Use this URL to cite or link to this record in EThOS: https://ethos.bl.uk/OrderDetails.do?uin=uk.bl.ethos.727493
Title: A critical analysis of victims' experiences and state responses to a corporate killing
Author: Snell, Katy M.
ISNI:       0000 0004 6424 9980
Awarding Body: Liverpool John Moores University
Current Institution: Liverpool John Moores University
Date of Award: 2017
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Abstract:
An explicit starting point for this research is to give a voice to the experiences of the victims of safety crime. The accounts of such victims are missing from the criminal justice arena and academia. This research will attempt, in part, to fill the gap in the following ways. First, the longstanding separation between safety crime and ‘real’ or ‘traditional’ crime is both reflected and institutionalised through state responses to the offences committed by corporations. This research offers a critical analysis of the social, legal and political obstacles that victims of safety crime face. Second, the effect of this process on secondary victims is examined. The deaths of their loved ones are, in the first instance, framed as ‘accidental’. The families are an obstacle to the corporations, as they seek to hide or manipulate the truth in the pursuit of their innocence. This is enabled by legal and political processes, which make justice an almost impossible achievement. The thoughts of the families and the long-term impact this has on their lives is explored in detail. The final part of this research is focused on the aims, nature and success of the various groups created in response to the reaction of the criminal justice system following a corporate killing. The visibility of the corporate accountability movement, mounted from the late 1980s against the victimisation of workers, raises questions for future research. It concludes with a discussion of how this situation has altered and the potential site for change in the future. Safety crime in the UK and worldwide, is a regular occurrence, yet popularly and politically, safety crimes are comparatively invisible. Through the experiences of secondary victims, who are neither represented nor treated as real victims, this thesis offers an original contribution to the understanding of how this happens, the effects and the response.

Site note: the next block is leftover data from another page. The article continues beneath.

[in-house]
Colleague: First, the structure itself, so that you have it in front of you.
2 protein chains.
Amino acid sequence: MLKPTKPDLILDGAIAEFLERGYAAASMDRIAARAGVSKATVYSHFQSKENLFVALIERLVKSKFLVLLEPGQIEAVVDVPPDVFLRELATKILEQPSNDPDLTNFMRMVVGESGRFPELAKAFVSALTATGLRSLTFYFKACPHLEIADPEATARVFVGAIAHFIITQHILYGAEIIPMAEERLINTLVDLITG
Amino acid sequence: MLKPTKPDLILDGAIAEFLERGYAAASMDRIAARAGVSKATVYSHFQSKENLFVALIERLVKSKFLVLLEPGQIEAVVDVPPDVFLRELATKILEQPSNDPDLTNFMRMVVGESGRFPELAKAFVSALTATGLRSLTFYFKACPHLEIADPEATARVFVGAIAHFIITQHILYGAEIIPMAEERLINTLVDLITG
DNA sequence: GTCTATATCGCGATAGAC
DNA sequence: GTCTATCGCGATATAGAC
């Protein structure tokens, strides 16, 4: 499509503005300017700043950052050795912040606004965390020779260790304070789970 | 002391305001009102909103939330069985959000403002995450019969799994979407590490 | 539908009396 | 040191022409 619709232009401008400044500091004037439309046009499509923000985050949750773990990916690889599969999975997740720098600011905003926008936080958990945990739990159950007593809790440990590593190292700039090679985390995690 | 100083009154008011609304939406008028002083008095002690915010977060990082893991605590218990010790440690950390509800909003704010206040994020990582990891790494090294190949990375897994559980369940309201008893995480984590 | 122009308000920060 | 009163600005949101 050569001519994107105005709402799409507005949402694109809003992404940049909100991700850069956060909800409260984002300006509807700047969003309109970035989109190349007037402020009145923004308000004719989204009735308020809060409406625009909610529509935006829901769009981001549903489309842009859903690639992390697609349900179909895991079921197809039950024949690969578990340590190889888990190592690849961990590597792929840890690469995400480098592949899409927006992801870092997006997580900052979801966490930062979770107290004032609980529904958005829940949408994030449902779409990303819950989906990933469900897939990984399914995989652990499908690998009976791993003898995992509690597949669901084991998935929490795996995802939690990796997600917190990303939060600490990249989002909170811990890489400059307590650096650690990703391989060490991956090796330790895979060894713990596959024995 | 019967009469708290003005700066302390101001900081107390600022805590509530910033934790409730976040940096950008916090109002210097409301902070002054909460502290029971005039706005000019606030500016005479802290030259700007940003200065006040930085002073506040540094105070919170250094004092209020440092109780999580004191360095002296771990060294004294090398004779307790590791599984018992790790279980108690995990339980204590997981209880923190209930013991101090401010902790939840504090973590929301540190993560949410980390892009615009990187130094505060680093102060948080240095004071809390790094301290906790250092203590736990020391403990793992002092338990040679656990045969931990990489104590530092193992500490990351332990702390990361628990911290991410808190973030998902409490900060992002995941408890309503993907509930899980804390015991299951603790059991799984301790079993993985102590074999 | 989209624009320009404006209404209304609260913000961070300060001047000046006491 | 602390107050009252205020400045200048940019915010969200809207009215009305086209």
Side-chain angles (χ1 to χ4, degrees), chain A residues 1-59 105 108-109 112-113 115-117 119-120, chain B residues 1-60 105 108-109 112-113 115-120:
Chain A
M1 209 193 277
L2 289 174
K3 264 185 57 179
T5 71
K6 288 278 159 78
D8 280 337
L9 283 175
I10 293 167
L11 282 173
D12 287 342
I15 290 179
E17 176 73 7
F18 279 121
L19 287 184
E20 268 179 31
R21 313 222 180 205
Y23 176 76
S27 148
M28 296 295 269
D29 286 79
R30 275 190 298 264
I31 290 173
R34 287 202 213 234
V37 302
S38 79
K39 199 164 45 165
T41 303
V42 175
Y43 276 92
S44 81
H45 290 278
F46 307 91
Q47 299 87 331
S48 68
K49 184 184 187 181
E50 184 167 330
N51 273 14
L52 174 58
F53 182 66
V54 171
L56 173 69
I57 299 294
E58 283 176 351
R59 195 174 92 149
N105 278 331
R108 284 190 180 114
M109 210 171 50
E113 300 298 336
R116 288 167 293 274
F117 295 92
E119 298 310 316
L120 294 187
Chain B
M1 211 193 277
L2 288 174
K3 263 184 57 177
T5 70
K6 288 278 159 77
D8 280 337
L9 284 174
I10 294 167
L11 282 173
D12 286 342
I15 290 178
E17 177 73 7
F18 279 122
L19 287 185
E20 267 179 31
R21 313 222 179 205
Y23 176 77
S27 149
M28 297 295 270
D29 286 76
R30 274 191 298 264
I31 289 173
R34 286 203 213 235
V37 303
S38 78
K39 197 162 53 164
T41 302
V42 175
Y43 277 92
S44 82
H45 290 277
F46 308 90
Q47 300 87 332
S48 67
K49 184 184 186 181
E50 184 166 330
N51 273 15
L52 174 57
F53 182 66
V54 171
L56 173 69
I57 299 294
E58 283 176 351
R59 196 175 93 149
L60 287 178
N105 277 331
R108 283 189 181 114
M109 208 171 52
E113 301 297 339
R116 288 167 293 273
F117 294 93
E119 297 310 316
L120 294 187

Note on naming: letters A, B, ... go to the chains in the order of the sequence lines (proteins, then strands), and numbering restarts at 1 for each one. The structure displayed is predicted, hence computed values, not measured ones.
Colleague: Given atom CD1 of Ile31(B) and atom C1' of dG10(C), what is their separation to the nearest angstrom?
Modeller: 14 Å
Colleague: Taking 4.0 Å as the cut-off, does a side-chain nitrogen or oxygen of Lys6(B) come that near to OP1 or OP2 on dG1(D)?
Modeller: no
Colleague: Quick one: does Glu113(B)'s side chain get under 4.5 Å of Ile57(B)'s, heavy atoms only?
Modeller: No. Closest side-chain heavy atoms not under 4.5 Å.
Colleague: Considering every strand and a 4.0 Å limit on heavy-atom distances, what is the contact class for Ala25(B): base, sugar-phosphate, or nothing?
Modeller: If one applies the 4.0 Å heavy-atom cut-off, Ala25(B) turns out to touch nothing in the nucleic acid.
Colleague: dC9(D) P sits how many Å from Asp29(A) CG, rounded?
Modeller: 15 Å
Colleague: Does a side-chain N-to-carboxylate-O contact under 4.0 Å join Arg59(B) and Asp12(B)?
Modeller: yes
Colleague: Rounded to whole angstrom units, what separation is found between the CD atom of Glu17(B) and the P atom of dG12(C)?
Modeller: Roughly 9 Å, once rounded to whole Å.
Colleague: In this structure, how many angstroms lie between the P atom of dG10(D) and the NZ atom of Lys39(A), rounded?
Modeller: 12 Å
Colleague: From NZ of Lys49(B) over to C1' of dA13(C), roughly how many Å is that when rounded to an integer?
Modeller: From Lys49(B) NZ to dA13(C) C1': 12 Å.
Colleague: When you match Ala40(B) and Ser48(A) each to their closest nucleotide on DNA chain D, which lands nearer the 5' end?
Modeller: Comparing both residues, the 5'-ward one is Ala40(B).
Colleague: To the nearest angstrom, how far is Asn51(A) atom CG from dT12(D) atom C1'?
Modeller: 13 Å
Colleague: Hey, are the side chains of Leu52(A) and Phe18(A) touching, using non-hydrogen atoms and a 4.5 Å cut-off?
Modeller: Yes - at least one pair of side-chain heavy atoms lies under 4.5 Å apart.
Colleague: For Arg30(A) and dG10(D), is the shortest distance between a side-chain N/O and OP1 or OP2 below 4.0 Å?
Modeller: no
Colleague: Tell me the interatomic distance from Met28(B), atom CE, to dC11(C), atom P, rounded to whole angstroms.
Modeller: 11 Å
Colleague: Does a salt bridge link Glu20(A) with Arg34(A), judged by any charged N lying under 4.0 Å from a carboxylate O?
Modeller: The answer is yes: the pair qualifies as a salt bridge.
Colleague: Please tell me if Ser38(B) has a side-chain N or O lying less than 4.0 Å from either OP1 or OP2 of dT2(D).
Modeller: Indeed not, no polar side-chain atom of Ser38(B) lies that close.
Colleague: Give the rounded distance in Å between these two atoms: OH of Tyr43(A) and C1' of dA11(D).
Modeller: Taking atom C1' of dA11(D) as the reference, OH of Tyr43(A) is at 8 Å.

Supervisor: Jamieson, J. Sponsor: Not available
Qualification Name: Thesis (Ph.D.) Qualification Level: Doctoral
EThOS ID: uk.bl.ethos.727493  DOI:
Keywords: HV Social pathology. Social and public welfare. Criminology
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